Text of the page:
Let’s get a few things straight.
The New England Patriots are not heading to Super Bowl LI seeking justice. They are going to the Super Bowl to win the Super Bowl. If they do beat the Atlanta Falcons, it will prove nothing about Deflategate, just as their loss to the Denver Broncos in last year’s playoffs proved nothing about Deflategate. It would confirm what we already know: They have the smartest, craftiest coach in NFL history, Bill Belichick, and the most accomplished quarterback in history, Tom Brady.
The Patriots are not “extra motivated” for this Super Bowl because of Deflategate. Most of the players had absolutely no connection to it, and Belichick and Brady have been motivated for every football game in which they have ever participated. If they ever needed “extra motivation,” which is doubtful, it would not be for a Super Bowl. The all-time greats always find some reason for motivation; if Brady ever used his anger toward Roger Goodell to get fired up during an off-season workout, that is immaterial. If not for Goodell, Brady would have found something else.
The Patriots may or may not have illegally deflated footballs, but they absolutely, indisputably cheated for several years in the scandal known as Spygate. This engendered widespread mistrust within the NFL, for good reason.
The Patriots have not won primarily because of Spygate, Deflategate, Watergate or the pearly gates. They have won primarily because of the greatness of Belichick and Brady. If they followed every rule to the letter from the moment they arrived in New England, they still would have been wildly successful. Even the people in the NFL who loathe them acknowledge this.
We do not know the extent to which line-crossing and rule-breaking ever helped the Patriots, and we never will.
Roger Goodell does not hate the Patriots. He is not out to get the Patriots. Goodell is an extremely adept but overly self-assured politician. When he confronts a crisis, he tries to minimize damage, and he prioritizes outcomes over process.
When Spygate happened, Goodell did not want the Patriots’ three Super Bowl victories to that point to seem tarnished, because that would hurt the league. This is why he destroyed the tapes. When Deflategate happened, Goodell did not want to let the Patriots off, because he knew most teams in the league were suspicious of the Patriots and resentful of how Spygate was handled, and they wanted New England punished. This is why he was so determined to punish the Patriots.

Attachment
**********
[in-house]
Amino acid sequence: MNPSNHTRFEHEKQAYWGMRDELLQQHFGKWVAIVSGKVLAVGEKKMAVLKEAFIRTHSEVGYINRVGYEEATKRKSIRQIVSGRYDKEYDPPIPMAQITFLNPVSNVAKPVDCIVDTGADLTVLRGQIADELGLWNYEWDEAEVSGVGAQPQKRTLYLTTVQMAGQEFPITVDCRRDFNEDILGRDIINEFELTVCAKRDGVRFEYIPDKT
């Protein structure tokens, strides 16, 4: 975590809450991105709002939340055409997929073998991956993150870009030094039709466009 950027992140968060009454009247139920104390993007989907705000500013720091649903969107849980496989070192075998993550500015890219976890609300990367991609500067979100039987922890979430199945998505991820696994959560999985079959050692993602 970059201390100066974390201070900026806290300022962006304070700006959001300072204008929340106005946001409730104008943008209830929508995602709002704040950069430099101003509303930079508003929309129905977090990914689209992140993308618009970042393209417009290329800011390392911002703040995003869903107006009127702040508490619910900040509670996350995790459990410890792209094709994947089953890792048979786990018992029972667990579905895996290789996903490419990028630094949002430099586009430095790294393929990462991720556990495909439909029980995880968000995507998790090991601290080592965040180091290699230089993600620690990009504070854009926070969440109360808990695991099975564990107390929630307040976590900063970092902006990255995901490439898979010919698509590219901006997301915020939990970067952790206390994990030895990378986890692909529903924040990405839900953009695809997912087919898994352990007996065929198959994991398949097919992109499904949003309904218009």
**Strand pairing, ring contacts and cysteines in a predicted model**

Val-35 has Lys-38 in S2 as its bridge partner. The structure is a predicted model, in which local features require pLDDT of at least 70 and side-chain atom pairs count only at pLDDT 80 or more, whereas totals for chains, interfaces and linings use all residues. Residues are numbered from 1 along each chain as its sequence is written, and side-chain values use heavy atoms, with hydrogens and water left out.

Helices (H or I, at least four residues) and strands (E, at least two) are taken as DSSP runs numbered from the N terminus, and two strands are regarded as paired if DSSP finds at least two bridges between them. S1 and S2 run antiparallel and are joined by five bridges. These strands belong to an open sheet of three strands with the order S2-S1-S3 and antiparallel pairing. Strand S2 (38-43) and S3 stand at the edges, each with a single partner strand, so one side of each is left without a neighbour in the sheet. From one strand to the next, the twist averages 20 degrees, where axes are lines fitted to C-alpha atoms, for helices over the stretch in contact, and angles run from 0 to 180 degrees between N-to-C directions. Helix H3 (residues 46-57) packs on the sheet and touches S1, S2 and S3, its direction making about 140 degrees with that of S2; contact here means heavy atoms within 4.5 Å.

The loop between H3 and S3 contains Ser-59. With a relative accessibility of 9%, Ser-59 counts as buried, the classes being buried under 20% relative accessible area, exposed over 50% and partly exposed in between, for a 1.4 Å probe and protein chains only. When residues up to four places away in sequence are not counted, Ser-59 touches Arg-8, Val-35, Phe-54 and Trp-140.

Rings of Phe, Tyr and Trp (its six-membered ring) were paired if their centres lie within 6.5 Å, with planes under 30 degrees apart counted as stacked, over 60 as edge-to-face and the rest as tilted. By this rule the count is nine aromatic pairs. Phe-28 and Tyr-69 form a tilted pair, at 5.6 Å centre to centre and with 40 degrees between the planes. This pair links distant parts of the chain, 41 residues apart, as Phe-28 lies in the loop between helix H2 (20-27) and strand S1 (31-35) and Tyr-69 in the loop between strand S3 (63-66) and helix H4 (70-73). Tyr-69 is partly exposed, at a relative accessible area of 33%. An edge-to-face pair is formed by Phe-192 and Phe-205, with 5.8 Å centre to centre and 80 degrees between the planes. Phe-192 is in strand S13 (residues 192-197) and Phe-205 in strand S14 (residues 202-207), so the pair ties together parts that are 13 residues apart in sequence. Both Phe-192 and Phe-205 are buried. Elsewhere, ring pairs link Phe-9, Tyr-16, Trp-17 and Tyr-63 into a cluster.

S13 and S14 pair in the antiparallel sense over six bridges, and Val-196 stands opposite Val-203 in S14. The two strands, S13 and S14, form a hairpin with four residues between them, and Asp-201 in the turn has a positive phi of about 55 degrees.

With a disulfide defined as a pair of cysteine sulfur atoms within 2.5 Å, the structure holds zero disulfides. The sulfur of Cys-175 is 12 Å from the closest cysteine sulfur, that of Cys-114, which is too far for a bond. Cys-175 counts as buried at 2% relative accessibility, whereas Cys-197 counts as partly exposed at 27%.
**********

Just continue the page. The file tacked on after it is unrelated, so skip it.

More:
Goodell did not have the evidence to convict Tom Brady. He convicted him anyway. Goodell had a legally negotiated right to do this, and he knew it all along.
Goodell did have some evidence against the Patriots: a team employee nicknamed “the Deflator” taking footballs into a bathroom before the 2015 AFC Championship Game and lying about it, plus a few other nuggets from the Wells Report. This only made the rest of the league more suspicious, and it is how Goodell justified his punishment of the Patriots and Brady. He overexerted his authority, because that is what he does.
Tom Brady’s Hall of Fame career is not a product of deflated footballs. If he ever asked for footballs to be deflated, which remains unclear and therefore unproven, he did so because he is a highly competitive athlete looking to maximize his chances of success, and he did not see this as a major transgression. And if—if, if, if—he ever did that, it should not radically alter anybody’s respect or admiration for Brady.
Robert Kraft is not a completely innocent victim, and deep down, he knows it. He does not agree with Brady’s suspension, but he knows that the Patriots planted the roots of it with Spygate. His anger toward the league was real but qualified; he loves the job Goodell has done except for one ruling. Kraft has been a highly successful owner partly because he has navigated his way through the league’s halls of power and put the Patriots in position to win Super Bowls.
The Falcons are not white knights. They are an NFL team trying to beat another NFL team, and they are run in part by two executives, Thomas Dimitroff and Scott Pioli, who worked for the Patriots during Spygate.
The Super Bowl is not a matchup between right and wrong or good and evil—no matter who you think is right, wrong, good or evil. It’s a matchup of the two best teams in the NFL right now.
I’m glad we all agree on this.